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Amnesty Raises Warnings on Afghan Women’s Rights

Executive Director for Afghan women’s Network (AWN), Hasina Safi, center, raises her hand to ask a question during a press conference by Amnesty International announcing their report on threats to women activists in Kabul, Afghanistan, Tuesday, April 7, 2015. (AP Photo/Massoud Hossaini)
Amnesty International Raises New Warnings on Afghan Women's Rights
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A human rights group is urging the Afghan government to protect defenders of women’s rights in the country. Amnesty International says the government has done nothing to stop escalating levels of violence, sexual attacks and even plots to kill women’s rights activists.

Amnesty International released its report on Afghan women’s rights Tuesday in Kabul, the capital. The report says both the government and the international community are turning their backs on Afghan women activists, leaving them vulnerable. It says these activists have bravely fought for the gains Afghanistan has made toward improving human rights conditions.

Researchers say the Taliban are to blame for the majority of attacks against the defenders of women’s rights. They note that government officials and powerful local commanders are increasingly linked to violence against women.

The report says those threatened include rights activists, politicians, lawyers, journalists and teachers. It says even women in the police force have faced threats of violence.

Amnesty International's Afghanistan researcher, Horia Mosadiq, spoke with VOA. She says the group spoke with more than 50 defenders of women’s rights and their family members. Those questioned said that officials often ignored or refused to take threats against women seriously.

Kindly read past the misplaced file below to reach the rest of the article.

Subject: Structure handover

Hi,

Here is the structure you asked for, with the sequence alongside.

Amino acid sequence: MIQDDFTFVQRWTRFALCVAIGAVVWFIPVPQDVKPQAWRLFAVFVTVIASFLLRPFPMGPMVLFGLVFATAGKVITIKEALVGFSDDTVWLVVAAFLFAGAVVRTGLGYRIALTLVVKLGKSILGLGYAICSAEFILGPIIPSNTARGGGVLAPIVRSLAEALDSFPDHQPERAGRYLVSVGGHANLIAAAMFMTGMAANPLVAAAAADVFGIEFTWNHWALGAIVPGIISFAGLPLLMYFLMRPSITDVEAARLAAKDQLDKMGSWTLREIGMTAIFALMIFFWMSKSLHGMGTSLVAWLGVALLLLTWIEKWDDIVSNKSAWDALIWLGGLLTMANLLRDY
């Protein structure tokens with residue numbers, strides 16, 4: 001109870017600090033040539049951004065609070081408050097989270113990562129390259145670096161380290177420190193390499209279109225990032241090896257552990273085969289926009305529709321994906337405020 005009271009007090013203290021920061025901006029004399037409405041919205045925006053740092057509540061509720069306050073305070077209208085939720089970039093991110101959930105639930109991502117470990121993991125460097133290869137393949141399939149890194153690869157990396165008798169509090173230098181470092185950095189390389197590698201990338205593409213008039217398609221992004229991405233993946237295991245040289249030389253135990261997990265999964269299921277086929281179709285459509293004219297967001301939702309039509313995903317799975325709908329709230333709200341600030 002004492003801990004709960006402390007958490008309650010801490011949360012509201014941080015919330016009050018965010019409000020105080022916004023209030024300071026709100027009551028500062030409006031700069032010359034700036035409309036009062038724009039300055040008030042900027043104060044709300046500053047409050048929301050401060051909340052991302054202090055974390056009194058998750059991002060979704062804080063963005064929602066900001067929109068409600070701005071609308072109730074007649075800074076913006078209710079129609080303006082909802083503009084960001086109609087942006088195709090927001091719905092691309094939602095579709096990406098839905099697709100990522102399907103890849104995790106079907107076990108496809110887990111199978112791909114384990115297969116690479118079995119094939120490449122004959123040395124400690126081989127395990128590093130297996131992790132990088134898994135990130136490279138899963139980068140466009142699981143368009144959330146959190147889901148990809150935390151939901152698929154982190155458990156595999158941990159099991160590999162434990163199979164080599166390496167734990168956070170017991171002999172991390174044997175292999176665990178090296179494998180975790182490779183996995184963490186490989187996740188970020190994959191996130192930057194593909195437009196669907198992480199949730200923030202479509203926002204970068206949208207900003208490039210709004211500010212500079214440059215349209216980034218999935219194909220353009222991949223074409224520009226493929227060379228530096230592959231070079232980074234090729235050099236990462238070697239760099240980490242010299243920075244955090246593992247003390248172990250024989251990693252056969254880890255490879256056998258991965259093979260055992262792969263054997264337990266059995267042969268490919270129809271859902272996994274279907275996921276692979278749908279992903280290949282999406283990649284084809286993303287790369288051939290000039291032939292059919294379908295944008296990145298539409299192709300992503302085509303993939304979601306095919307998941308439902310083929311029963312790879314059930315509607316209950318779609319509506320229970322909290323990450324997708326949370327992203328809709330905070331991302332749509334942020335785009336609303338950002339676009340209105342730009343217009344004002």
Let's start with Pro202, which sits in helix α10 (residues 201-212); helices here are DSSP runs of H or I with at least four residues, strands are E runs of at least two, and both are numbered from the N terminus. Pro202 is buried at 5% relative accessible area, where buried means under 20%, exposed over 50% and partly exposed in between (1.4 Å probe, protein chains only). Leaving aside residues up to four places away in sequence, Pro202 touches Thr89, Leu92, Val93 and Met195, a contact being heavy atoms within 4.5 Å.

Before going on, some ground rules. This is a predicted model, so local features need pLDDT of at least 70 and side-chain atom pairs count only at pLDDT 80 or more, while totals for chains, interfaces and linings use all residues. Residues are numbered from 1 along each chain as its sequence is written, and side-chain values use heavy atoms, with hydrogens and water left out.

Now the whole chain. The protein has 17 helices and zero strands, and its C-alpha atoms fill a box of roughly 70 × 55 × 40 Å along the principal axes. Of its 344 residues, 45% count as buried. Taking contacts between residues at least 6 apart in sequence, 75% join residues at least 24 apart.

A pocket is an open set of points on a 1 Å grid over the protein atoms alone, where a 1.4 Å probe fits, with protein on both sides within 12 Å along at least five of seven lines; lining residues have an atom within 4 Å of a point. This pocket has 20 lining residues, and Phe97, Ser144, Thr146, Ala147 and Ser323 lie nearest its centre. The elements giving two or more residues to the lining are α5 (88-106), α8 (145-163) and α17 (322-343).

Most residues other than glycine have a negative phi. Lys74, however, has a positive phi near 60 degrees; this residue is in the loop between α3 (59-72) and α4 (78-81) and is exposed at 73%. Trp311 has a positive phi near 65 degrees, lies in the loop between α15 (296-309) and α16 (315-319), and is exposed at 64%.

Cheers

"From the 50 cases that we have investigated, only in one case there was prosecution and investigation. This shows, first, the failure of the Afghan government for not protecting women human rights defenders and, second, the failure of the judiciary and other law enforcement officials for not being able to protect women or to investigate the cases or to bring the perpetrators to justice."

The report says that, since 2001, the international community has spent hundreds of millions of dollars on projects in support of Afghan women’s rights. But Amnesty International says more needs to be done. Many women defenders who reported violence or attacks are put in danger and face criticism or threats for speaking out.

Horia Mosadiq says Amnesty International officials have held many meetings with President Ashraf Ghani, Chief Executive Abdullah Abdullah and other Afghan officials. She says those meetings were designed to bring to their attention the problems facing women’s rights activists. She says the officials have yet to take actual steps to end the threats.

Horia Mosadiq says she fears female activists are likely to face increased violence in the months to come. The reasons: plans to withdraw international forces from Afghanistan, increasing Taliban attacks and the rise of the Islamic State in the country.

"These are all unfortunately not good signals for the future of Afghanistan and more particularly for the protection of women human rights defenders. We are quite concerned that if concrete steps are not taken the situation may get worse in the coming months and years."

She says a legal method to protect women in Afghanistan is in place. But she says a failure to carry out and enforce these rules has turned them into empty promises.

I’m Jonathan Evans.

This story came from reporter Ayaz Gul in Islamabad. Marsha James wrote it for Learning English. George Grow was the editor.


Words in This Story

vulnerable – adj. easily hurt or harmed physically, mentally or emotionally

escalate – v. to become worse or to make (something) worse or more severe

concrete – adj. relating to or involving certain individuals, things, or actions, not general ideas or qualities